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VMMC Evidence-Based Demand Creation Message Testing Study

There is a need to design MC communication based on strong behavioral theory and research. We previously applied the Integrated Behavioral Model (IBM) (Montano & Kasprzyk, 2015) to conducted research in Zimbabwe to identify key beliefs that best explain MC motivation, and to design and pilot test messages and posters to promote MC (Montano, Kasprzyk, Hamilton, Tshimanga, & Gorn, 2014). The primary objective of the current evaluation is to test the effect of these theory- and evidence-based MC posters (designed based on the prior research) among a community-based sample of men who are uncircumcised.

We will also test the effect of the current CDC posters in a separate group of men. This will allow an evaluation of whether the posters designed based on applying the IBM in the previous NIMH research are more effective in shifting attitudes, norms and intentions, than the CDC posters, using the same outcome measures. Our primary target age group is 18 to 34, based on current modeling showing the optimal target ages to achieve the greatest impact on the HIV/AIDS epidemic with the most cost-effective targeting of males in the Zimbabwe national MC Program (Awad et al., 2015).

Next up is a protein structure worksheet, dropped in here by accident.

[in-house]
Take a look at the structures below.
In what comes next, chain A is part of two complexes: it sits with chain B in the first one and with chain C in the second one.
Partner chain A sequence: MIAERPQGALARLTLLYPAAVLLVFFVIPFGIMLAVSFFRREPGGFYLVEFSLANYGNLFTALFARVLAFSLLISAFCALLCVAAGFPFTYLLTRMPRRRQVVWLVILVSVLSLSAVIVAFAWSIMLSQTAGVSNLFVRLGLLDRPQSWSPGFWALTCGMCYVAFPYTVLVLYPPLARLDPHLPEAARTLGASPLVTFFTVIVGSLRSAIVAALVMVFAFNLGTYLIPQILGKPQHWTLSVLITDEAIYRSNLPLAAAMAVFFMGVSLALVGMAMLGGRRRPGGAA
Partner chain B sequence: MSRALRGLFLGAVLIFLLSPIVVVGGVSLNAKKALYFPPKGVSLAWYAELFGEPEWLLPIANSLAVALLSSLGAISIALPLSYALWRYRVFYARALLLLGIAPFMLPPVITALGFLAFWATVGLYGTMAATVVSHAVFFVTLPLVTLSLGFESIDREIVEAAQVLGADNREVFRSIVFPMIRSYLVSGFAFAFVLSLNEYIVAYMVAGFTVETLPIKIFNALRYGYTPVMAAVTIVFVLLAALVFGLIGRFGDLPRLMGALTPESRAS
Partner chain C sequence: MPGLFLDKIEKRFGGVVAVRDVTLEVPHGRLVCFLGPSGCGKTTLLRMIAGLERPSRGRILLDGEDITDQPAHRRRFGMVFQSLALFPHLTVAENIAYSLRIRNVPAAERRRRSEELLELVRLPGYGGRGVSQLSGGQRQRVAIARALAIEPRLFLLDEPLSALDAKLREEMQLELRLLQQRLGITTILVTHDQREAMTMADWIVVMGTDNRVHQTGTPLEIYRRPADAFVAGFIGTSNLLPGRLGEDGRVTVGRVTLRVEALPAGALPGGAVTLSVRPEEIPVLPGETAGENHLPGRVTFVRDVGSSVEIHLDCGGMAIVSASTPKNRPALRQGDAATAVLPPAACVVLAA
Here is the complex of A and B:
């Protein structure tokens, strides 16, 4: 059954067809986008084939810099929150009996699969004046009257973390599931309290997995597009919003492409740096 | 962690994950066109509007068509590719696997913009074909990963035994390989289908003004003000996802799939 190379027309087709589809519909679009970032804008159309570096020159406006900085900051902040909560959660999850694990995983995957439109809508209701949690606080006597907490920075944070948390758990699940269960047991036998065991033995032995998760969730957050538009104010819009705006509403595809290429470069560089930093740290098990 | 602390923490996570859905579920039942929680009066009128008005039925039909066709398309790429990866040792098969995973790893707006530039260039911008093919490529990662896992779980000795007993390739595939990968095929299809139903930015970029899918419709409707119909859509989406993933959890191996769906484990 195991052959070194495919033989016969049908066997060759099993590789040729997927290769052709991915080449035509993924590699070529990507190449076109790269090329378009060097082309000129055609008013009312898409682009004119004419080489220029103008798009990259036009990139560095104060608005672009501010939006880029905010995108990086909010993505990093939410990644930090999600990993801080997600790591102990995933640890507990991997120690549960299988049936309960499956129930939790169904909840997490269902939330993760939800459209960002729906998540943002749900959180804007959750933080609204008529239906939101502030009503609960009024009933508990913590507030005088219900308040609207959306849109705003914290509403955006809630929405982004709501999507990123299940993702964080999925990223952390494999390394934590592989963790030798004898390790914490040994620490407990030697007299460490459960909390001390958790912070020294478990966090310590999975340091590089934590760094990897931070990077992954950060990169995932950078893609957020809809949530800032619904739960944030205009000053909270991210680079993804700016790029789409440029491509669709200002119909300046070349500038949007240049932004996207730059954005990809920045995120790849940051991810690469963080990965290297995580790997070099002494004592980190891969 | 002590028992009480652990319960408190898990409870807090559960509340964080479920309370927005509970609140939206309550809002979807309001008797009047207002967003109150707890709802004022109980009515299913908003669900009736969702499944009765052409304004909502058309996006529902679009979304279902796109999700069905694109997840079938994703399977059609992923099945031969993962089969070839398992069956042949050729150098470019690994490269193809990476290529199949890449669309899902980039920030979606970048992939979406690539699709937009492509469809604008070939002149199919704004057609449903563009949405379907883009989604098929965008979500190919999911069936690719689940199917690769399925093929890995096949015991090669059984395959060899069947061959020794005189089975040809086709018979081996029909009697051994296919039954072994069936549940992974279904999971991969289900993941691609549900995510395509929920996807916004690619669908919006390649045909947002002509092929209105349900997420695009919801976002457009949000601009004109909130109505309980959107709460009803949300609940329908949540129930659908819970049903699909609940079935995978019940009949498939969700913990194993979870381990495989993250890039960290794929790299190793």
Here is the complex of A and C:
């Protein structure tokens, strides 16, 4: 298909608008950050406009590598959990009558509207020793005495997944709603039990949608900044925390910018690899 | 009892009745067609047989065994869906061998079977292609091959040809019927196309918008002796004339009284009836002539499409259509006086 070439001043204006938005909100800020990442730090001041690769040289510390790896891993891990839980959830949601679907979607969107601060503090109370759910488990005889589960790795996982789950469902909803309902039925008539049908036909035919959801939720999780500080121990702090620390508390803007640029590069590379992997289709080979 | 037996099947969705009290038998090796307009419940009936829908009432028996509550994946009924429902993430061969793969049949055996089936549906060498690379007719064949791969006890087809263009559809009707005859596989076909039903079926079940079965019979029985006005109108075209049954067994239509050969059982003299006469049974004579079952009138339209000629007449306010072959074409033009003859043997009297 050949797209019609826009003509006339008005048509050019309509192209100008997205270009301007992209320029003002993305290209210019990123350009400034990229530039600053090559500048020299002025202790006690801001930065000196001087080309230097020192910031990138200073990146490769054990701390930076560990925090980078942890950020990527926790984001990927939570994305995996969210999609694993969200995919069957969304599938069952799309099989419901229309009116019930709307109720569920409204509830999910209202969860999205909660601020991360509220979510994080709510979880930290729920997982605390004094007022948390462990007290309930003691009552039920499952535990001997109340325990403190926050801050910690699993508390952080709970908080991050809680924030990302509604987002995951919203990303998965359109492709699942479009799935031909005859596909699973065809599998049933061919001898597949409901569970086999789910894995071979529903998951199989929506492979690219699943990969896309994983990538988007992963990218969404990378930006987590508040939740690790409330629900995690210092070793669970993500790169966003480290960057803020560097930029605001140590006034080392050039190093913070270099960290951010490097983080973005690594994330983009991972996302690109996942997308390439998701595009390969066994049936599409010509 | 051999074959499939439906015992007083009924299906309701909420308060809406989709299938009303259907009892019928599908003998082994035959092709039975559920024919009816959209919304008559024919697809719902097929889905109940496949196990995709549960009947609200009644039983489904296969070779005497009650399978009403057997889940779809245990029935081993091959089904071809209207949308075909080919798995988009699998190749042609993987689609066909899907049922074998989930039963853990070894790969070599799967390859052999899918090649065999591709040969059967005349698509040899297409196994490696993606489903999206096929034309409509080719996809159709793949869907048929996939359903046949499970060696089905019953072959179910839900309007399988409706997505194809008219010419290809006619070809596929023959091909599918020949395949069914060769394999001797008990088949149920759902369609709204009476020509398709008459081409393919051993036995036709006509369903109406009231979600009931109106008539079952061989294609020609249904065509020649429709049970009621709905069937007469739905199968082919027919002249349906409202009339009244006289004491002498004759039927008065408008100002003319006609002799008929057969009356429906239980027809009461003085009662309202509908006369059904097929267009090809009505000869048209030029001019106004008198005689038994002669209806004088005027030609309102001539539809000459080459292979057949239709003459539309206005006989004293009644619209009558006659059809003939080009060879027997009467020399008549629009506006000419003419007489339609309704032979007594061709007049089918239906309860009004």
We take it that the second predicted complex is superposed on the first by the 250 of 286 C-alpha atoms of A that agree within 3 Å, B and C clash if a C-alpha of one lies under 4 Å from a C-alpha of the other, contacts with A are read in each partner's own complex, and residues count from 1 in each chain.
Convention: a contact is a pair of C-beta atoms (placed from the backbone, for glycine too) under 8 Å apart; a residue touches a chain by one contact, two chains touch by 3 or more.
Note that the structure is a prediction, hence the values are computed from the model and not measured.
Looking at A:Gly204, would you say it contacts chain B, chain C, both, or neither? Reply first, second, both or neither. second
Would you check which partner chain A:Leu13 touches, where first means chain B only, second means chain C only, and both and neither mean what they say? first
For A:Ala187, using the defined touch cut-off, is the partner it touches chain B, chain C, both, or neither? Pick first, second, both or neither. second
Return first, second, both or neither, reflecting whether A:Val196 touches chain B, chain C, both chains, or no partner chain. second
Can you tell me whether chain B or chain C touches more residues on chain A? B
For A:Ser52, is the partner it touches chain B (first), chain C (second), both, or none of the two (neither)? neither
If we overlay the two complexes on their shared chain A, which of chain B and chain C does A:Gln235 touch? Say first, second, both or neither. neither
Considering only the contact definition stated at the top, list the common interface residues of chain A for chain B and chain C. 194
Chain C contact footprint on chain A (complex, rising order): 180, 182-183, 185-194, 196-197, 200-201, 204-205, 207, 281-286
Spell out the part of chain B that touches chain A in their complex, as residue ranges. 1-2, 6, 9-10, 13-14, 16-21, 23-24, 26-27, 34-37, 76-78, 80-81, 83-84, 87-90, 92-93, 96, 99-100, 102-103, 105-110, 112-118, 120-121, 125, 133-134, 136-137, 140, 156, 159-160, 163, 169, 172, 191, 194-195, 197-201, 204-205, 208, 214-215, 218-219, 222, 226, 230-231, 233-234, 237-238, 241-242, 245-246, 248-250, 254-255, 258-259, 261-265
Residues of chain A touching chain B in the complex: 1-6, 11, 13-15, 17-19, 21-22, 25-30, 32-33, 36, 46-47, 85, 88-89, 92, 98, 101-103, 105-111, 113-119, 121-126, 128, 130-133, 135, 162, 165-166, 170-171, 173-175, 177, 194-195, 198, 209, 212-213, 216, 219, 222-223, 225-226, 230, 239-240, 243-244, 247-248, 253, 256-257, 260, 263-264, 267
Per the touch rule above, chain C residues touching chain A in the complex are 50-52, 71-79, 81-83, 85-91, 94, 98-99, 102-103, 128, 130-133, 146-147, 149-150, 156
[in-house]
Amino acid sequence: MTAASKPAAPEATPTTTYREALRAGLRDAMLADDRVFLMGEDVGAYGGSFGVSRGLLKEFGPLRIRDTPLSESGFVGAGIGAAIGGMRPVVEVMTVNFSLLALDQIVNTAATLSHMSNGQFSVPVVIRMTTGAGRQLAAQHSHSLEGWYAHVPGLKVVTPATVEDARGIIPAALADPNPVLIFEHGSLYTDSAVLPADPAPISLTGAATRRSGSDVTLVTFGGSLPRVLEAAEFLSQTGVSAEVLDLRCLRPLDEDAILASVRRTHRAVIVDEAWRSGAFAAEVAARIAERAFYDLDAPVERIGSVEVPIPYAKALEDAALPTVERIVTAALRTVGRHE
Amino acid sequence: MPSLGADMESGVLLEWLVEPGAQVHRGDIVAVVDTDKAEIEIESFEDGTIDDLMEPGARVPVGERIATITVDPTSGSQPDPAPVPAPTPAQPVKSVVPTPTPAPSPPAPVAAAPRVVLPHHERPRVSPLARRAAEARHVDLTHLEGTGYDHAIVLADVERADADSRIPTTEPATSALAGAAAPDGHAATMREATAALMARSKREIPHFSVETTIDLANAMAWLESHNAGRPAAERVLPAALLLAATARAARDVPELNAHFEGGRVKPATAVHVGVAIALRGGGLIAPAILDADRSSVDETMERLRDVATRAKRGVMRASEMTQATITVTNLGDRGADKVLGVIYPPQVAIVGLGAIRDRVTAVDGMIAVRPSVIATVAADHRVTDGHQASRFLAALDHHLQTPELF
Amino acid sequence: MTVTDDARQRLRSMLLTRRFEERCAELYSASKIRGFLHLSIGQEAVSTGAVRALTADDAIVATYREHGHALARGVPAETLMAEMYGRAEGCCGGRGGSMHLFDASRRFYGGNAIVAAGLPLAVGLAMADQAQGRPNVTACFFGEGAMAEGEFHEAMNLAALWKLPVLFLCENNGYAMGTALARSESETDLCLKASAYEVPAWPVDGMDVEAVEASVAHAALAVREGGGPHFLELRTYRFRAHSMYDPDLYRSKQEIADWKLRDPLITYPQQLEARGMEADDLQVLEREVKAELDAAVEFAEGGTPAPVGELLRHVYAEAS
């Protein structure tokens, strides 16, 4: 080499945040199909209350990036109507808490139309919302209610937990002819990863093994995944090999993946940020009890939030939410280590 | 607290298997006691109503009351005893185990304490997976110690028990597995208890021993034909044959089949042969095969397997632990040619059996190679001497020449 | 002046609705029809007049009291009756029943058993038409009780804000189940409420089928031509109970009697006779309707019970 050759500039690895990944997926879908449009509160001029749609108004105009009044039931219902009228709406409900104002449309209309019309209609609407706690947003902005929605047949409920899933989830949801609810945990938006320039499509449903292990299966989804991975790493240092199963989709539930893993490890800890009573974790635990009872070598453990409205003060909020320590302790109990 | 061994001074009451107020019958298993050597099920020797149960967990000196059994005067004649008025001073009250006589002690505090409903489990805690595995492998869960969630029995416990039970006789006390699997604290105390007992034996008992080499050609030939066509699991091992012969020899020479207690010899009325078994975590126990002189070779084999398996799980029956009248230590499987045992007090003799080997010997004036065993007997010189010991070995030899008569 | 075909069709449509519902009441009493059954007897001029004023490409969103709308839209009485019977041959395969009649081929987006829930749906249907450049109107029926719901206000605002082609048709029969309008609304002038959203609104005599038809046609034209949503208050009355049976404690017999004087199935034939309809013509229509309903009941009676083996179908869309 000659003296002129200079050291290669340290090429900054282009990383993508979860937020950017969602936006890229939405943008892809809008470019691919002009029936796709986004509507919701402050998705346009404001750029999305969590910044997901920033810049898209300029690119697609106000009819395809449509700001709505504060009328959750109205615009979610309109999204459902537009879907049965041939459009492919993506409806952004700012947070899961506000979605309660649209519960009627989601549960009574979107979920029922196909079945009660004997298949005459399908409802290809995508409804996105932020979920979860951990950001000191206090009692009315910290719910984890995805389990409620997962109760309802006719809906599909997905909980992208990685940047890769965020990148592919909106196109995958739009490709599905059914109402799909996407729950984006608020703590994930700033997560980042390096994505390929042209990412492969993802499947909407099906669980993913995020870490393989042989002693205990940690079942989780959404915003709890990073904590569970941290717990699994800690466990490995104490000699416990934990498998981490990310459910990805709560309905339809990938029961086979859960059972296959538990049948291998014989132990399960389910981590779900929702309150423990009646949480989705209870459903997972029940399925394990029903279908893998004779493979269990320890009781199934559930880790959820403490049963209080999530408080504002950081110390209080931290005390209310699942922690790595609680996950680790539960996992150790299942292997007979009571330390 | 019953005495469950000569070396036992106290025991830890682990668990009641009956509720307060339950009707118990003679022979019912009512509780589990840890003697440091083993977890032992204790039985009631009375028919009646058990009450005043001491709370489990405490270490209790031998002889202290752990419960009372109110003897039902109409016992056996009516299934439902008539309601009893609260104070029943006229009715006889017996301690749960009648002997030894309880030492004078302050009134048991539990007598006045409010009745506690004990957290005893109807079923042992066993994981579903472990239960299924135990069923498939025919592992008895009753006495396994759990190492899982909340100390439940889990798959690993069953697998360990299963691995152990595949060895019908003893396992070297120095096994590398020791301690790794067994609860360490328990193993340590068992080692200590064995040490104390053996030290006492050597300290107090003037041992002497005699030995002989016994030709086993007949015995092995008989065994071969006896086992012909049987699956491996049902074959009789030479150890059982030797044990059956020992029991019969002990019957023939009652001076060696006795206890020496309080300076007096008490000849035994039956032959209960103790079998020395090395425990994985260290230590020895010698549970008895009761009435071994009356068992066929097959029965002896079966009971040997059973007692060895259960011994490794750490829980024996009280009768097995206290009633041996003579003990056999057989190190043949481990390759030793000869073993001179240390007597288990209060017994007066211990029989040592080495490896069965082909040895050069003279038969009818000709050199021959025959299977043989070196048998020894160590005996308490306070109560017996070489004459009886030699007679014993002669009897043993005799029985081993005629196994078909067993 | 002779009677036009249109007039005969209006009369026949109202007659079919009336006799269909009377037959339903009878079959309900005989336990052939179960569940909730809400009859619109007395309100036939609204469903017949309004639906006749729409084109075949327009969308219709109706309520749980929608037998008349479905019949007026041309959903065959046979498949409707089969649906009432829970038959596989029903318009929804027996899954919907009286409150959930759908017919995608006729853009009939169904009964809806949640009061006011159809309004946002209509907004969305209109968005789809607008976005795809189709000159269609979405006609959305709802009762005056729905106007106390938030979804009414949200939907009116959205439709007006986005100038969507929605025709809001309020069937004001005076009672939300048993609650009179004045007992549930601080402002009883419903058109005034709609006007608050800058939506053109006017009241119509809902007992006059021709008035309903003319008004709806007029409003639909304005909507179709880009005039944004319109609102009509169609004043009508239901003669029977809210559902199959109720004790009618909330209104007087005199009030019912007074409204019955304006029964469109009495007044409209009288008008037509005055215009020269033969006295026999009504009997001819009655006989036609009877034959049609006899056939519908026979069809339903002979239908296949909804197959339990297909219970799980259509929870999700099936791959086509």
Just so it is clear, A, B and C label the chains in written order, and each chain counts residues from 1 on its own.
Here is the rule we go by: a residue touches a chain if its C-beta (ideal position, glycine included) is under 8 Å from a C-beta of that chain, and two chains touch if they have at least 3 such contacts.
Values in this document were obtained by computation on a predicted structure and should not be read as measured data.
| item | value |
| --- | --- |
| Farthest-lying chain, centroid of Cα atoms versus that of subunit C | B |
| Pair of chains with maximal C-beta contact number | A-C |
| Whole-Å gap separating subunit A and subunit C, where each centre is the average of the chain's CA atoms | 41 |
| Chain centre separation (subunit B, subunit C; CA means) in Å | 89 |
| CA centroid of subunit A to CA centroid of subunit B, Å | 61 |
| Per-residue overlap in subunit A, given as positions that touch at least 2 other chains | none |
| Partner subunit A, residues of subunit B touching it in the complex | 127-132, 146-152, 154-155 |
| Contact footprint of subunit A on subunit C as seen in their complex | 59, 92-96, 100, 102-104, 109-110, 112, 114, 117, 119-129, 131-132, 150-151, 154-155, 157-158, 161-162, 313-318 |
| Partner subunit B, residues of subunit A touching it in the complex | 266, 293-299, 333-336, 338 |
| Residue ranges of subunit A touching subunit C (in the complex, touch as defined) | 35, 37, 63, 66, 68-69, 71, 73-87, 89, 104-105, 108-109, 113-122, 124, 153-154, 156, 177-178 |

We will screen men for age, literacy, and circumcision status as they are recruited into the study. We will use a one-group, pre- and post-test repeated measures design, to assess the effect of exposure to the MC posters on targeted beliefs, IBM constructs and MC motivation. Men will be surveyed prior to exposure, will complete a 3-day post recall exercise, and will be surveyed again at 8-weeks post exposure.

We expect that men in the IBM MC poster exposure group will show changes in targeted beliefs, attitude, perceived social influence, personal agency, and MC motivation. Men’s reactions to the posters will also be measured. The results from this study will provide critical information that can be used to design and implement a more effective communications campaign to increase circumcision uptake among adult men in Zimbabwe. 



Active Dates 
04/01/2017 to 03/31/2018
Faculty Involved